We are now in the midst of the season of Advent, a time of spiritual preparation. During this season I invite you to reflect upon the various themes that will be highlighted in our scripture lessons, and to consider what they mean for you in your life.
One of the things that you’ll notice is that Advent is a season of tensions. Perhaps more than any other time of year, during Advent we are reminded of what some theologians have called the “already/not yet” character of the Christian faith. We spend Advent awaiting the celebration of our Savior’s birth on December 24-25 (which we will celebrate for 12 days thereafter)–this is the “already.” We celebrate Christ’s birth because in doing so we testify to who he is, and what he has already done in going to the cross and rising to new life–this is a birth to be celebrated! To be heralded! “Go tell it on the mountains” as the old spiritual says… Jesus Christ is born. The Savior of the world–God in the flesh–came down to us and was born in a manger over two thousand years ago. On Christmas we get to relive the anticipation and joy that characterized the first responses to our Lord’s birth as Shepherds and Magi came to greet him, and during Advent we get to anticipate this most wonderful of stories with the fondness that can only come from having heard a story many times before, but finding that it only grows richer for the telling.
And yet, there’s a “not yet” element within the anticipation of Advent, one that is easy to loose–especially in our society–in the rush surrounding Christmas. And it is important that we be reminded of this “not yet” aspect of our anticipation in part because this is the older aspect of Advent. What is this “not yet” quality? You’ll notice that many of the readings of Advent don’t so often speak of Jesus’ birth as they do of what are called the “last things,” that is, they focus more on the second coming–the second “advent”–than they do on the first, or Christ’s birth. The reason for this is that Advent began its existence not as a time of preparation for the Christmas celebration, but as a distinct portion of the Church year called “St. Martin’s Lent,” named for St. Martin of Tours. This, as the name suggests, was a time of penitence and fasting which focused on the imminent return of Jesus. Eventually as the Christmas holiday gained importance, it was thought to be appropriate to push the beginning of St., Martin’s Lent back so that it could serve as a time of preparation not only for Christ’s second coming, but a season of reflection upon Christ’s birth and what it means that the savior of the world was born in such a way–or born at all, God in the flesh!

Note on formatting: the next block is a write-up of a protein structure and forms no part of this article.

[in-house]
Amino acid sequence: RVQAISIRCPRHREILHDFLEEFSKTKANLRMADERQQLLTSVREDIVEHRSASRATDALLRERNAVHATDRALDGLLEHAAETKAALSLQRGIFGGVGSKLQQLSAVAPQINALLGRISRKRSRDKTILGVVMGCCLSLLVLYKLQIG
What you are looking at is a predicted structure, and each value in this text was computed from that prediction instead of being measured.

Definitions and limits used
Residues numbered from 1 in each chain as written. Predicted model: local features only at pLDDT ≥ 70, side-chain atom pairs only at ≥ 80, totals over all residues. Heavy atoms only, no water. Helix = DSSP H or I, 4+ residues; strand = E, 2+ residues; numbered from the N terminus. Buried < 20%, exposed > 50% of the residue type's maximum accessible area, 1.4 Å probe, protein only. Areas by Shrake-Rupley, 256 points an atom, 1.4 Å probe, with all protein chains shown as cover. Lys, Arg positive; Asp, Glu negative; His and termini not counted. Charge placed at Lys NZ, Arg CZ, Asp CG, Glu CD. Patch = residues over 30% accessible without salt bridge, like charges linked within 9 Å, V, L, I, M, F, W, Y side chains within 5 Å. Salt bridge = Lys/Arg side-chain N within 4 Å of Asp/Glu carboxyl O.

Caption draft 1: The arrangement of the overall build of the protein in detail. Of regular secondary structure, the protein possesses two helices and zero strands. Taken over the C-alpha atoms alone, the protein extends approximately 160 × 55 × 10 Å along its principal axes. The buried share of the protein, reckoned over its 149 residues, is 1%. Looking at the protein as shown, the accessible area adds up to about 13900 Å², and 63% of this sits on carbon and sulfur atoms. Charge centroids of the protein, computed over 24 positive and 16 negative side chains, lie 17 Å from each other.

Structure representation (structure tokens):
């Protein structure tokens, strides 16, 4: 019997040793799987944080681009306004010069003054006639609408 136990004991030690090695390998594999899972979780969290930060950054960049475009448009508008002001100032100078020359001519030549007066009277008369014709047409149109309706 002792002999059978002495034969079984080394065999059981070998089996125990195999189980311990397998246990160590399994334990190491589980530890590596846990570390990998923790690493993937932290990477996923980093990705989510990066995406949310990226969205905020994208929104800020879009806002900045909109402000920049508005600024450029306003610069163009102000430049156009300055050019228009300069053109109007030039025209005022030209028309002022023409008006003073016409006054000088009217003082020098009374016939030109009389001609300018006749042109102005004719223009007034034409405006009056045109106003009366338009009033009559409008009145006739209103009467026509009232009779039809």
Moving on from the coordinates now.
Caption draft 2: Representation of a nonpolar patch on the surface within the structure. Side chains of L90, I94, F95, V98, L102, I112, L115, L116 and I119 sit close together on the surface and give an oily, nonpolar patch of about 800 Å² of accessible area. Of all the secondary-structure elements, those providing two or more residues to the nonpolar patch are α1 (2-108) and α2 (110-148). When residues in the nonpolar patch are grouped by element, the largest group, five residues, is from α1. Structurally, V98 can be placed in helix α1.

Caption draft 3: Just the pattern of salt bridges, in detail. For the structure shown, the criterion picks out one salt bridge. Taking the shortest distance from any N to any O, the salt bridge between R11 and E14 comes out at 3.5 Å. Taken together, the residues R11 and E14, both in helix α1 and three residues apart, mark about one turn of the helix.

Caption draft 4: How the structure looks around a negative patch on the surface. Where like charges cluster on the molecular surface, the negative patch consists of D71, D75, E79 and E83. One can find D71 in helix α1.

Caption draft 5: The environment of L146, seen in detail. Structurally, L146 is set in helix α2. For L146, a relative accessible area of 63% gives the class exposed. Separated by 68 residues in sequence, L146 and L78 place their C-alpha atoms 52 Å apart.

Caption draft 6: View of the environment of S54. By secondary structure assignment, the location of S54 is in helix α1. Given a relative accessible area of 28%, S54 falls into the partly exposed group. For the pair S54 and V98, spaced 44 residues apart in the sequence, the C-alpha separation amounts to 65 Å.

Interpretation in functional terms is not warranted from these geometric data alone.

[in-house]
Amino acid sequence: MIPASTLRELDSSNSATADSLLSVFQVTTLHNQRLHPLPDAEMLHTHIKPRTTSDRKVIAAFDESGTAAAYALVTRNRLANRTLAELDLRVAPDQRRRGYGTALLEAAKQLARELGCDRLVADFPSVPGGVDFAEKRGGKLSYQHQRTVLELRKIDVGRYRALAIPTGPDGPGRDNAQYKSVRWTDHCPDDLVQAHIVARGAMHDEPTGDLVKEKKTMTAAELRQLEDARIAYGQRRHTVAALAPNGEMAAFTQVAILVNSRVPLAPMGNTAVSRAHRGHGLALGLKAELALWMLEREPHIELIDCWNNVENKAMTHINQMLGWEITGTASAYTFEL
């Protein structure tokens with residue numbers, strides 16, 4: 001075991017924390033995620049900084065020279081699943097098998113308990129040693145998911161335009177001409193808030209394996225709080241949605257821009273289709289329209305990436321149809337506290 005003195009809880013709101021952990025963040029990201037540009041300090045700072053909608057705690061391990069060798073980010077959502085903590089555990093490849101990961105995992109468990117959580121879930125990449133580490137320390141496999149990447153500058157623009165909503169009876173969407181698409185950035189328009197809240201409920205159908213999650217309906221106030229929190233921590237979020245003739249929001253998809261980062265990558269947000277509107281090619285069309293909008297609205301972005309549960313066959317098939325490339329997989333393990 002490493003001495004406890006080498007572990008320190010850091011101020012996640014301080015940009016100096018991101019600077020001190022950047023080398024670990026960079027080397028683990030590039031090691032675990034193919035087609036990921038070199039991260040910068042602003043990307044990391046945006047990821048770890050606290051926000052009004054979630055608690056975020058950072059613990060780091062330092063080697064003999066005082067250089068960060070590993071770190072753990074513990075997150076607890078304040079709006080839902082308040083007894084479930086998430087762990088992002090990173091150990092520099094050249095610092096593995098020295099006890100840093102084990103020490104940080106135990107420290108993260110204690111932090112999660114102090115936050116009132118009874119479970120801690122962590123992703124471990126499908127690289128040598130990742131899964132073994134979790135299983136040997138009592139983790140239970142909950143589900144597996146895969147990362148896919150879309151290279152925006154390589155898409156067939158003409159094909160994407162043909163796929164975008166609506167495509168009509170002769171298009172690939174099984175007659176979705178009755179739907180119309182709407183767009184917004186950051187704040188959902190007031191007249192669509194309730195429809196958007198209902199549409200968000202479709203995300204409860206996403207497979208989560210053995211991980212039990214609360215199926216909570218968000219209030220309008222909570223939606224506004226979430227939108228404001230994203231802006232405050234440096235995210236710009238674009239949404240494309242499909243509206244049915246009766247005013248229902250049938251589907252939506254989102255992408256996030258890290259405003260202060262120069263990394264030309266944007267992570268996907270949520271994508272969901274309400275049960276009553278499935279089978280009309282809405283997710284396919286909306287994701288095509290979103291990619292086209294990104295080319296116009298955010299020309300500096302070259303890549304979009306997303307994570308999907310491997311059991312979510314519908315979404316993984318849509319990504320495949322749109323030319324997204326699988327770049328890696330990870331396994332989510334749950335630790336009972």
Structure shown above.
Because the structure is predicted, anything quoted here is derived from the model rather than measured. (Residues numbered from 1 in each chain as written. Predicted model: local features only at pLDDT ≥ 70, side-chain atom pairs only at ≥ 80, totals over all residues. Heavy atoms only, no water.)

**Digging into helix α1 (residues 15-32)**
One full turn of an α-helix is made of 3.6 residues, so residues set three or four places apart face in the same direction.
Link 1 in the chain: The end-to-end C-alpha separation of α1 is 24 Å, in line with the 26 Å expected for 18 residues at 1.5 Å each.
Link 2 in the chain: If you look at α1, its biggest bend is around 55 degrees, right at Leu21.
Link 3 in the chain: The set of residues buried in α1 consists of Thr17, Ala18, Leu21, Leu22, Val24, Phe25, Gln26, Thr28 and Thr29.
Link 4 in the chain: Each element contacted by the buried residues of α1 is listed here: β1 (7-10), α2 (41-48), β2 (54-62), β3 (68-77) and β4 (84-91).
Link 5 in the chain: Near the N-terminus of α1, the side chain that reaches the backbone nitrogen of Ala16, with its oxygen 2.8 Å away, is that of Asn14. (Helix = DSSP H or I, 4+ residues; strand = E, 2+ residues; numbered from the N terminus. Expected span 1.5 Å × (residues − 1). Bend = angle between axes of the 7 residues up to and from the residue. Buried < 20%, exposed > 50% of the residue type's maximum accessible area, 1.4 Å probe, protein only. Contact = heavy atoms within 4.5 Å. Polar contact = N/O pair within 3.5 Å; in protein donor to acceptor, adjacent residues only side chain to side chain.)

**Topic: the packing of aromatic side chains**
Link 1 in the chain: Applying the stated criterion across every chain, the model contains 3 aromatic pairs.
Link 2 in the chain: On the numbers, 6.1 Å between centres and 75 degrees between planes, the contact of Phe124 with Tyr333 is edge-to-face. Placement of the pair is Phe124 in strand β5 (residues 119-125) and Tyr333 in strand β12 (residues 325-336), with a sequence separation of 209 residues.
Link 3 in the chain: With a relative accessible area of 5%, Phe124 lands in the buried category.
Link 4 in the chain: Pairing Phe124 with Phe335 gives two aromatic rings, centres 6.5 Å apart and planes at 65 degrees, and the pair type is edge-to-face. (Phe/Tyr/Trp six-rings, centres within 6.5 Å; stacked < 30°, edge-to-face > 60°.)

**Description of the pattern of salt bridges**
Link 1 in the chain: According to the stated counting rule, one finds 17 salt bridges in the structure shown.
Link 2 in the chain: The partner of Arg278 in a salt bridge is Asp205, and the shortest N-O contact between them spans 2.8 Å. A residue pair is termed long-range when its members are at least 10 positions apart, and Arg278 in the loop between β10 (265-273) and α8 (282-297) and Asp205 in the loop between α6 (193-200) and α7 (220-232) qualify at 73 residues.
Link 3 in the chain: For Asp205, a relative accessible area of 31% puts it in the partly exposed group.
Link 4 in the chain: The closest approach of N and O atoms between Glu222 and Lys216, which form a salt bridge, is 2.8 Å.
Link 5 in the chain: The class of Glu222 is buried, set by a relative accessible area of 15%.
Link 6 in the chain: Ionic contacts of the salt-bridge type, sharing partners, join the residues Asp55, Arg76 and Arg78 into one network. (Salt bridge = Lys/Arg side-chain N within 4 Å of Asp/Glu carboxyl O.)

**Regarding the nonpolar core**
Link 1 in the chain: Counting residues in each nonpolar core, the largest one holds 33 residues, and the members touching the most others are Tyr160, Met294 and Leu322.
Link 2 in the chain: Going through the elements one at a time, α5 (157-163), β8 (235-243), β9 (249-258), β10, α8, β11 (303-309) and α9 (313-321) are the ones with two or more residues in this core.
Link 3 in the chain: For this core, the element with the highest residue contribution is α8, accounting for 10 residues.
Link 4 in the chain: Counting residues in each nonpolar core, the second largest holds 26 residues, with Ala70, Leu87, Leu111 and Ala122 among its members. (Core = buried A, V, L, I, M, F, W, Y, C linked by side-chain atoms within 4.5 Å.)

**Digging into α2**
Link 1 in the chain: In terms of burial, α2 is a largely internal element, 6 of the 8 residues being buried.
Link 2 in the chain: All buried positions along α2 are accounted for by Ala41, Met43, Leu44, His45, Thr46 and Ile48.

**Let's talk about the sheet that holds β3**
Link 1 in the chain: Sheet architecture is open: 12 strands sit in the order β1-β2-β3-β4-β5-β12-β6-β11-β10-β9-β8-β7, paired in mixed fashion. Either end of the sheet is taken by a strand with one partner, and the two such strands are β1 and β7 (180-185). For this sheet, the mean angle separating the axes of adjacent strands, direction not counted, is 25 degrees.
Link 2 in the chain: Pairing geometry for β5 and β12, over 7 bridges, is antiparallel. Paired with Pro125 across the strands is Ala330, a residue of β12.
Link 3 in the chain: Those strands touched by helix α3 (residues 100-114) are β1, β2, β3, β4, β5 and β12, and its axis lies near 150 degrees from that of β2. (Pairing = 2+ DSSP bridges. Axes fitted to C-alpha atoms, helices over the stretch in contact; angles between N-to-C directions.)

This is why Advent makes me think of the Revelation to John, where God says “I am the Alpha and the Omega, the beginning and the end,” (Rev. 21:6) because in Advent we are called to reflect upon the beginning, the “already,” in Christ’s birth and the “not yet” in the second coming.
Because of this all-encompassing sense of preparation that pervades Advent, I have decided to preach a series of sermons over these four Sundays, culminating with a fifth on Christmas Eve, entitled “The Truth that God Imagines.” Inspired in part by J.R.R Tolkien and C.S. Lewis, this series will take us through the readings of Advent and Christmas from the perspective of God as author, and us–all of us–as characters with roles to play in the greatest story ever told. But God imagines differently than we do. While we may imagine and create something that approximates what we’ve imagined, what God imagines cannot help but be real and true…the story of salvation being the greatest example.
So join us in worship this Advent, and invite your friends and family to come as well (forward them this email perhaps…), and let’s consider the very great story we are part of.
Your servant in Christ,